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50 Years Later, Unmuted Awe for Clifford Brown
It was Brown's second wedding anniversary -- and his wife's birthday. (LaRue Brown died last year at 72.)
In Chicago, when word arrived that Brown and Powell were dead, Roach locked himself in a hotel room with two bottles of cognac.
As for Rollins, "I just picked up my horn and played all night."
They tried to keep the band going, but it wasn't the same.
"When Clifford left, the front line was broken," says Rollins. "Other players came to replace Clifford, but they couldn't do it."
For years, when Rollins was struggling during a performance, he knew a sure way to get through his problems. "When I wasn't playing too well," he says, "I would channel Clifford. That would focus my thoughts and my playing."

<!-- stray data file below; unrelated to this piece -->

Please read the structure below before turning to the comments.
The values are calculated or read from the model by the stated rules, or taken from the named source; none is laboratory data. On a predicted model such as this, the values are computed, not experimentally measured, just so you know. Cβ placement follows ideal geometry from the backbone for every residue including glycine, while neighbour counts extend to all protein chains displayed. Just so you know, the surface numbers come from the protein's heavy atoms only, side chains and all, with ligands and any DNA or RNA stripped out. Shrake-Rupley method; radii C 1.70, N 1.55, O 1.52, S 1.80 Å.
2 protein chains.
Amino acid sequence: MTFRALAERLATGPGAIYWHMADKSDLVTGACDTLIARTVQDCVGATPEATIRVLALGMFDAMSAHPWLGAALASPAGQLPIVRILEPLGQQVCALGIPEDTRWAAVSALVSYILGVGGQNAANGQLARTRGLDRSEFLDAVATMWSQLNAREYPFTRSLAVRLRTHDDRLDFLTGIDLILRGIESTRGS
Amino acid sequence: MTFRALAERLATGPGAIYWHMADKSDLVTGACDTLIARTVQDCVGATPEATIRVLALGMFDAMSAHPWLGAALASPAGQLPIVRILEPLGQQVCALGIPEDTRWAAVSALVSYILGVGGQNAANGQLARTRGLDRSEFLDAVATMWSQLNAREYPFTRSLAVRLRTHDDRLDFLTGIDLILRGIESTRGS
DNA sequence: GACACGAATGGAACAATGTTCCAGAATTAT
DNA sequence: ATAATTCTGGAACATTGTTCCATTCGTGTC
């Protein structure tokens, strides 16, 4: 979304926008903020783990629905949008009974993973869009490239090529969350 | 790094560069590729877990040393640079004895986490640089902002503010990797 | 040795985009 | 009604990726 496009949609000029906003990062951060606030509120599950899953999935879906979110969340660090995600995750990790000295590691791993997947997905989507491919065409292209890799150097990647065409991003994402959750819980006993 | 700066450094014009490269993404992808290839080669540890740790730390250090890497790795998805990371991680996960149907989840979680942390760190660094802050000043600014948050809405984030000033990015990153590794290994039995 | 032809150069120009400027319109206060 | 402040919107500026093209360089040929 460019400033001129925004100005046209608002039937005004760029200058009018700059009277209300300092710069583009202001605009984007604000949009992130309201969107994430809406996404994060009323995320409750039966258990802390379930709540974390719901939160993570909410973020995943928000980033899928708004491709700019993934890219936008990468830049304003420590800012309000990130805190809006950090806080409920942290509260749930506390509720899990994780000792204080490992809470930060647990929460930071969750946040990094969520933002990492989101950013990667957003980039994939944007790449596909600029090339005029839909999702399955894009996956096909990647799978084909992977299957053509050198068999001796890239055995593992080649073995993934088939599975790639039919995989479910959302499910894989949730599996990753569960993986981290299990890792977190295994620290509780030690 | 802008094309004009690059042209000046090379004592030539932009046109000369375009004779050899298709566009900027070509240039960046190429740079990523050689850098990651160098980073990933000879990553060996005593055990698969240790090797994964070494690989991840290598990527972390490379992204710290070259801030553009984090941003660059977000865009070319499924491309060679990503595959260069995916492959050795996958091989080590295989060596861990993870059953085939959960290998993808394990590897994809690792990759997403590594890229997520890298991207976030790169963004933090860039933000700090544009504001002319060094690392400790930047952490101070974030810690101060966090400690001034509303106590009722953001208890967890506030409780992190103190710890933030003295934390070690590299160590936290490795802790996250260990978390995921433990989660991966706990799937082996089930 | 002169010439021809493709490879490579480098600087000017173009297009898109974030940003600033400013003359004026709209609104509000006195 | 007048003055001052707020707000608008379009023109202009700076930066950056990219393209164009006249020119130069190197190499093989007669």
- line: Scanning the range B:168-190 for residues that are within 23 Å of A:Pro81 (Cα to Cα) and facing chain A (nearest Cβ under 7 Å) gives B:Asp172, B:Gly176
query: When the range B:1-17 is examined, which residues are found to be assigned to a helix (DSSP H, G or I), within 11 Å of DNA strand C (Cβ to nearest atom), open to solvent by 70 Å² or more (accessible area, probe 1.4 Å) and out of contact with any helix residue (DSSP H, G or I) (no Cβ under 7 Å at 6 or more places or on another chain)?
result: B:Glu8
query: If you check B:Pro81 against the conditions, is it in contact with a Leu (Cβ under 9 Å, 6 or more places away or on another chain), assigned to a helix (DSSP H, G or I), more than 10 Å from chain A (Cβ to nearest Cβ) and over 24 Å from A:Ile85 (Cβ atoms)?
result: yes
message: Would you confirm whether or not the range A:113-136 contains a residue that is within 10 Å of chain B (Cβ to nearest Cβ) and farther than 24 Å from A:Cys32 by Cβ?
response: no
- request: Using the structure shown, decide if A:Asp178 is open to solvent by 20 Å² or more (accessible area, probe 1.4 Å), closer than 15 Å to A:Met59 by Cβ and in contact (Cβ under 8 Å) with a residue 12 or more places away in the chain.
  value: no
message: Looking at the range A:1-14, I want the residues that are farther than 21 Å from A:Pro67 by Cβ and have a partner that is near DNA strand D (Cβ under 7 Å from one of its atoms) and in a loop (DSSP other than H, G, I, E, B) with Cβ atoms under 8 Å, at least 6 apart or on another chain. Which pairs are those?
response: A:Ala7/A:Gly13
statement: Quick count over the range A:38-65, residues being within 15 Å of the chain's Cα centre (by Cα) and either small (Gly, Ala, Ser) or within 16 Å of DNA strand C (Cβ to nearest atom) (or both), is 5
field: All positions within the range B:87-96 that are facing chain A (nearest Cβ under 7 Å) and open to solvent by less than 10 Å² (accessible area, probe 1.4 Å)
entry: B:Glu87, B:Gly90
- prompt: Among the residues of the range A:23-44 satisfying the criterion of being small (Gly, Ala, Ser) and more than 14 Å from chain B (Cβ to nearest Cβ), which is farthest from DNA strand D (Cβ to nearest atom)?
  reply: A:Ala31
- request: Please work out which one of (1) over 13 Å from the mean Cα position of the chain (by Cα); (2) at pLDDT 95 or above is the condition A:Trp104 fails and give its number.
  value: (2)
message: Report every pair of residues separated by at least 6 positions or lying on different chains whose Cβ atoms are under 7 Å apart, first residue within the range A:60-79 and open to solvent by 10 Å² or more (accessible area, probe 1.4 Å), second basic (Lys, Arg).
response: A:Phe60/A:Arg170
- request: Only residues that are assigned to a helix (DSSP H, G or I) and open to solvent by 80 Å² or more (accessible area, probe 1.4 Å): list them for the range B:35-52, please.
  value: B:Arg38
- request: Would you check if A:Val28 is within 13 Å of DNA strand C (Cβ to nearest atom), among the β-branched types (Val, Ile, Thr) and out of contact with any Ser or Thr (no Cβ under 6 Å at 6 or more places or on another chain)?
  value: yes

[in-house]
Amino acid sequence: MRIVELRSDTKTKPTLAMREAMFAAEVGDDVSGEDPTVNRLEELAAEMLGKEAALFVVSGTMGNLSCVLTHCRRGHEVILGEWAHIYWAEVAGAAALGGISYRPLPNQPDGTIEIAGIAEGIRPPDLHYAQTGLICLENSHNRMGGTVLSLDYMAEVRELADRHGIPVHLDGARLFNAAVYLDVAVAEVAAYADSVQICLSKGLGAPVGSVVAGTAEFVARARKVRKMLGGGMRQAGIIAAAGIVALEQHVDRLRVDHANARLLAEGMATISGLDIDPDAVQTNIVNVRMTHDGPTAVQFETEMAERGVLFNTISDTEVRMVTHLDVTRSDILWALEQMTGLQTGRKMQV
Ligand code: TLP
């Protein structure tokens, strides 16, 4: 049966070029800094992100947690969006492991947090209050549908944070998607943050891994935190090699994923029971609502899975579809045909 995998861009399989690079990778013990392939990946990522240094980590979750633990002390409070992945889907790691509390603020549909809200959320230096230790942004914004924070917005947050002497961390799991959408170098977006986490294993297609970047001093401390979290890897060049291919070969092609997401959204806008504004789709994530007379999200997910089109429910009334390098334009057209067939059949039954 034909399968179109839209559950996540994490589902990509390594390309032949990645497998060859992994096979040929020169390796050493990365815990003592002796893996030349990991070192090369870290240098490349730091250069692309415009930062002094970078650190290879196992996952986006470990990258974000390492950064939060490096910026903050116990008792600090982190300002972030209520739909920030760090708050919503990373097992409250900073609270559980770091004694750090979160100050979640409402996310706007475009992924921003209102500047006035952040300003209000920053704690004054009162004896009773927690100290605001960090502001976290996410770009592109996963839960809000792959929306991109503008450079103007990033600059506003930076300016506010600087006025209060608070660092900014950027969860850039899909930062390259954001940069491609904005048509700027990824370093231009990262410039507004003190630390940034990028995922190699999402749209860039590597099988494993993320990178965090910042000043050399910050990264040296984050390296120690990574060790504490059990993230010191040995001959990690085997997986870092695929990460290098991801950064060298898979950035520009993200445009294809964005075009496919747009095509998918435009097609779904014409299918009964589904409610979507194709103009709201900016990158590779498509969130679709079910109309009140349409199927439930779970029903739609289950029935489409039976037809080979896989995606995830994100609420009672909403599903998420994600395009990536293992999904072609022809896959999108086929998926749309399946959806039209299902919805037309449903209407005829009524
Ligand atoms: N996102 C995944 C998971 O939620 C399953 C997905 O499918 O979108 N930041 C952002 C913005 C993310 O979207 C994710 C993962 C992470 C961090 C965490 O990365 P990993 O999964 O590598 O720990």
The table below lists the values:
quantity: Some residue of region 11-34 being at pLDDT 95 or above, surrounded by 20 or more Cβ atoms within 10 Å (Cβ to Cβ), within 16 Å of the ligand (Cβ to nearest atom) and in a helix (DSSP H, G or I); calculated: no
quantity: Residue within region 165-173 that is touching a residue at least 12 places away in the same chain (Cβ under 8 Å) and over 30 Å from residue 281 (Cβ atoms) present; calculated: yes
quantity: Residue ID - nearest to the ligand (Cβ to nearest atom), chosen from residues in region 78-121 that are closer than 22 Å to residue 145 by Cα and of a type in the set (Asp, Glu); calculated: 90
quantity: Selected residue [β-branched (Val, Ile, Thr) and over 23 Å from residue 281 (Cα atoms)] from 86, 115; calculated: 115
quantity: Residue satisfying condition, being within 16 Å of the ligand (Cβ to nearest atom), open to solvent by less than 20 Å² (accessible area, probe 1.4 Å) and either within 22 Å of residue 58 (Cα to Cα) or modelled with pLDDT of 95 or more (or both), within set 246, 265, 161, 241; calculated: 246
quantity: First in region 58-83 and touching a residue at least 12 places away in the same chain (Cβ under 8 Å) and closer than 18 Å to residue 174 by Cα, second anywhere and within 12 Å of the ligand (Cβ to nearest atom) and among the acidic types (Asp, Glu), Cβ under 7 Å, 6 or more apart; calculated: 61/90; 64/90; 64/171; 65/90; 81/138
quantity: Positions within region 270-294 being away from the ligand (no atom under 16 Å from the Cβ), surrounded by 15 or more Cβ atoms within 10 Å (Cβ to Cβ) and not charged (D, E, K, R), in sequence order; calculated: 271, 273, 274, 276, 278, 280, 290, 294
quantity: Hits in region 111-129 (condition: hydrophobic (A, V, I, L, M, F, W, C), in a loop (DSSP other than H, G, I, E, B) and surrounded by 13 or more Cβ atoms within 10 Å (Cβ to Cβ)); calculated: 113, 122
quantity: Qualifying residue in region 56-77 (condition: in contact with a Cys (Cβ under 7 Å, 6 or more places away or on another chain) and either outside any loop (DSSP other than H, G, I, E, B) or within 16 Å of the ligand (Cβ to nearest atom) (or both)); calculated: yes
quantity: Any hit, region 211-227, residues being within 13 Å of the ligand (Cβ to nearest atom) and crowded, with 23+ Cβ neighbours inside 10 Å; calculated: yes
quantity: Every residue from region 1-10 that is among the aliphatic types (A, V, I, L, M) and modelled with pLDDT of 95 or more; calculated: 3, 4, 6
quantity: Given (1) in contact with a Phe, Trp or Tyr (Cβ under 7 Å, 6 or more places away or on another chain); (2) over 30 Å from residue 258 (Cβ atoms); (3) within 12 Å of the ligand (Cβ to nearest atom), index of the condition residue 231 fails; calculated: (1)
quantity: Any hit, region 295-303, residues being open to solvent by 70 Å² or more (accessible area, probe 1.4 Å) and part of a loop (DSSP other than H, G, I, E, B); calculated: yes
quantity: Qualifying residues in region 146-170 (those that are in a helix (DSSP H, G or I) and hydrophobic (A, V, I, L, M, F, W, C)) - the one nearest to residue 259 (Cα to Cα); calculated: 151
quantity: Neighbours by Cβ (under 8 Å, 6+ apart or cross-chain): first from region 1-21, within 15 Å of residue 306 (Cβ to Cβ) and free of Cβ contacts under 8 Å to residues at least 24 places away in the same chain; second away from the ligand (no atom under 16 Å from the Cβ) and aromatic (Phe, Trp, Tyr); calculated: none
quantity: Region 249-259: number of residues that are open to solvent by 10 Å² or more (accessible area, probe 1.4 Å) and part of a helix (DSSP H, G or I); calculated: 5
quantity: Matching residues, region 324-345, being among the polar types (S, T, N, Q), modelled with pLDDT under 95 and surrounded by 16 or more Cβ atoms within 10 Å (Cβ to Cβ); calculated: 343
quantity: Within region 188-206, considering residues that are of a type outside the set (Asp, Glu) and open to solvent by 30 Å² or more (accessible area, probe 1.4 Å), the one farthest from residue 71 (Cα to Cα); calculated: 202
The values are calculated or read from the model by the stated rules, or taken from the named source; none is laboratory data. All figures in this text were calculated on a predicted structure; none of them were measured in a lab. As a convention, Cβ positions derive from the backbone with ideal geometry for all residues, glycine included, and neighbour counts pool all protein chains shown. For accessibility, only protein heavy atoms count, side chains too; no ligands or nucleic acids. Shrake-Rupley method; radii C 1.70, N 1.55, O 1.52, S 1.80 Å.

A few months after Brown's death, Benny Golson, who had known him in Philadelphia, paid tribute by writing the darkly beautiful "I Remember Clifford," one of the most haunting ballads of jazz.
The life of Clifford Brown may have ended in sadness, but his music endures, full of joy.
For samples of Brown's music -- "Joy Spring," "Sandu" and "What's New" -- go tohttp:/